Are you aware Centre is hell bent upon converting the progressive state of Punjab to Bihar? Are you aware Centre returns only 0.65% of the revenue collected from Punjab? Are you aware at times even the Punjab Govt is not in a position to pay salaries to its employees? Are you aware Centre has not so far in 65 years devised any formula for allocation of revenue among the states and Union? Discrimination is the basic principle of ancient Chanakiya Neeti and do you know the Govt of India takes pride in following Chanakiya? Here you find an article by Prof. Om Parkash  and a commentary in Punjabi by B.S.Goraya. So can we say Indian is a dubious democracy?

Union -State Financial Relations in lndia

 lndia has a complex system of inter- governmental tax transfers between the Union and state governments. lt also reflects the need to cater to vast differences among states such as population, national resources, economic and social performance, administrative capacity and ethnic composition. There are three basic components of inter-governmental transfers in lndia, Viz., devolution of a fraction of the Centre's divisible taxes and grants-in-aid of revenues of states in need of assistance through the Finance Commission [FC], transfers through the Planning Commission [PC], in the form of assistance for state plans, transfers to implement centrally sponsored schemes under the central sector plan, and other discretionary transfers.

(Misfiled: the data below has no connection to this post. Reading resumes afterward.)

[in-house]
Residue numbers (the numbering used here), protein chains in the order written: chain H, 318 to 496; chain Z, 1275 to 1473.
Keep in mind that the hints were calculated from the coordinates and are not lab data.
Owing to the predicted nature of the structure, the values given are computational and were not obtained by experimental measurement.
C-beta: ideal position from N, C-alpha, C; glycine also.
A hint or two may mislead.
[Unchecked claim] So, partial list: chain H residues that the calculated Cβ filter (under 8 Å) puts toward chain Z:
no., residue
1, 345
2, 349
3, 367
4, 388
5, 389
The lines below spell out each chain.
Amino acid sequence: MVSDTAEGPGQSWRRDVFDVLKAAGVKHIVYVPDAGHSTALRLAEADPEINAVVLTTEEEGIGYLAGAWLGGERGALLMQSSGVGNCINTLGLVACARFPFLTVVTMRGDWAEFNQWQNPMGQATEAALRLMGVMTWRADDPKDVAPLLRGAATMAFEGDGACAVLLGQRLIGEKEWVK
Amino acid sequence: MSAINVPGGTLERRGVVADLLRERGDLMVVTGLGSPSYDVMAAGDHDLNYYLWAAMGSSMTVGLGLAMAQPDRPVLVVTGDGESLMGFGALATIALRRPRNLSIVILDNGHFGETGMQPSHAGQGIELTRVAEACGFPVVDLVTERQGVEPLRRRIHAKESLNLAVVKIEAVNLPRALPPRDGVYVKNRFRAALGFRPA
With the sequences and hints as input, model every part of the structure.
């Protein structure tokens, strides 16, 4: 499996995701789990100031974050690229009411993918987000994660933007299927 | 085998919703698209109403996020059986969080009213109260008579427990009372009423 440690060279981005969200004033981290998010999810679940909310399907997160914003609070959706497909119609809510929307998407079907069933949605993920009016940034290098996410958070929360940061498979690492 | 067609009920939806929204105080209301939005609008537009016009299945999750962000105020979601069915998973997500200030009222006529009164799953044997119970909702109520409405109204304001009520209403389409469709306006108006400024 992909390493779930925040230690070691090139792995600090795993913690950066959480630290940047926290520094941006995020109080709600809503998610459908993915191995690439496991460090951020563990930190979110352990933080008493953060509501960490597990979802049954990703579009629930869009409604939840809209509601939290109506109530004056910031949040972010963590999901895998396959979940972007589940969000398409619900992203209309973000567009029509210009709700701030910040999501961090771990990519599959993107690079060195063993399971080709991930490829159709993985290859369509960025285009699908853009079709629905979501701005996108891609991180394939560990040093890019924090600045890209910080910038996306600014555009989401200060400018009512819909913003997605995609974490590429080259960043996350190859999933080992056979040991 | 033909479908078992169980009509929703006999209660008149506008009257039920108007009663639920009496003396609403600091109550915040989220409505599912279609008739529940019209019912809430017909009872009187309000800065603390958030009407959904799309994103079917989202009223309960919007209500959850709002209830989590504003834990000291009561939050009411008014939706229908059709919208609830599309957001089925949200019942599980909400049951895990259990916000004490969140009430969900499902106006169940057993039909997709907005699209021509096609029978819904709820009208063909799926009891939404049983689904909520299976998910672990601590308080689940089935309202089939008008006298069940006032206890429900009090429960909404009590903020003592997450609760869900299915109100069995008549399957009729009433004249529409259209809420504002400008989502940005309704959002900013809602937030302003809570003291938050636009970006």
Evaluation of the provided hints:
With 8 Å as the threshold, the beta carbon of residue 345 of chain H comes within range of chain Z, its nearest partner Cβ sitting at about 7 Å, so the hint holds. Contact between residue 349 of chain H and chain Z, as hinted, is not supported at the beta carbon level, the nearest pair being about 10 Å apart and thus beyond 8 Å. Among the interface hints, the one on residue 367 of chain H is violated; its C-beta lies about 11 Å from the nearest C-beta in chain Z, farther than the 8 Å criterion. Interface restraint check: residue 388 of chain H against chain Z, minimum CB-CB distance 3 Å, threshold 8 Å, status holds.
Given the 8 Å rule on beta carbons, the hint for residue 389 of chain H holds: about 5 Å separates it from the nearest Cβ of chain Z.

The resources transferred from the Central Govt to states show that about 65% of the total transfers were on the recommendations of the FC during the fourth five year plan. The transfers through the [PC] accounted for about 24% and 'Other' transfers were of the order of about 11%. There was an increase in the share of transfer through the FC and the PC and there was a considerable decline in the share of 'Other' transfers-during the Fifth Five Year Plan. After the Fifth Five Year Plan there has been a declining trend in the transfer through the FC. The transfers through the PC and 'Other' transfers has received a higher share in the total resource transfers from the Central Government. ln 1998-99, the transfer from the central Govt to states through the FC accounted for about 43% , where the transfers through the PC constituted about 35% . The 'Other' transfers during this year were of the order of 22o/o .

Thus, the transfers through the PC and 'Other' transfers have increased in their share as compared to transfers through FC which is a statutory body. By giving a large percentage share through non-statutory body at the discretion of the central Govt leads inevitably to the establishment of a donor-recipient relationship between the Centre and States. 

A perusal of the latest FC (Eleventh) reveals that out of the total devolution of  funds, the share of taxes and duties is 86.5% and that of grants is 13.5% . The Tenth FC recommended 91% as a share of taxes and duties in the total devolution and only 9% was given for grants-in-aid. The non-plan revenue grants have increased considerably from 3.3% in the tenth FC award to 8.1% in the eleventh FCs awards. The increasing share of grants-in-aid in the divisible pool has been a source of invitation to the states especially the progressive states. These states generally prefer devolution of taxes rather than grants under Article 275. This is because whereas taxes are buoyant, grants-in-aid are fixed sums, whose value is eroded in real terms over the years.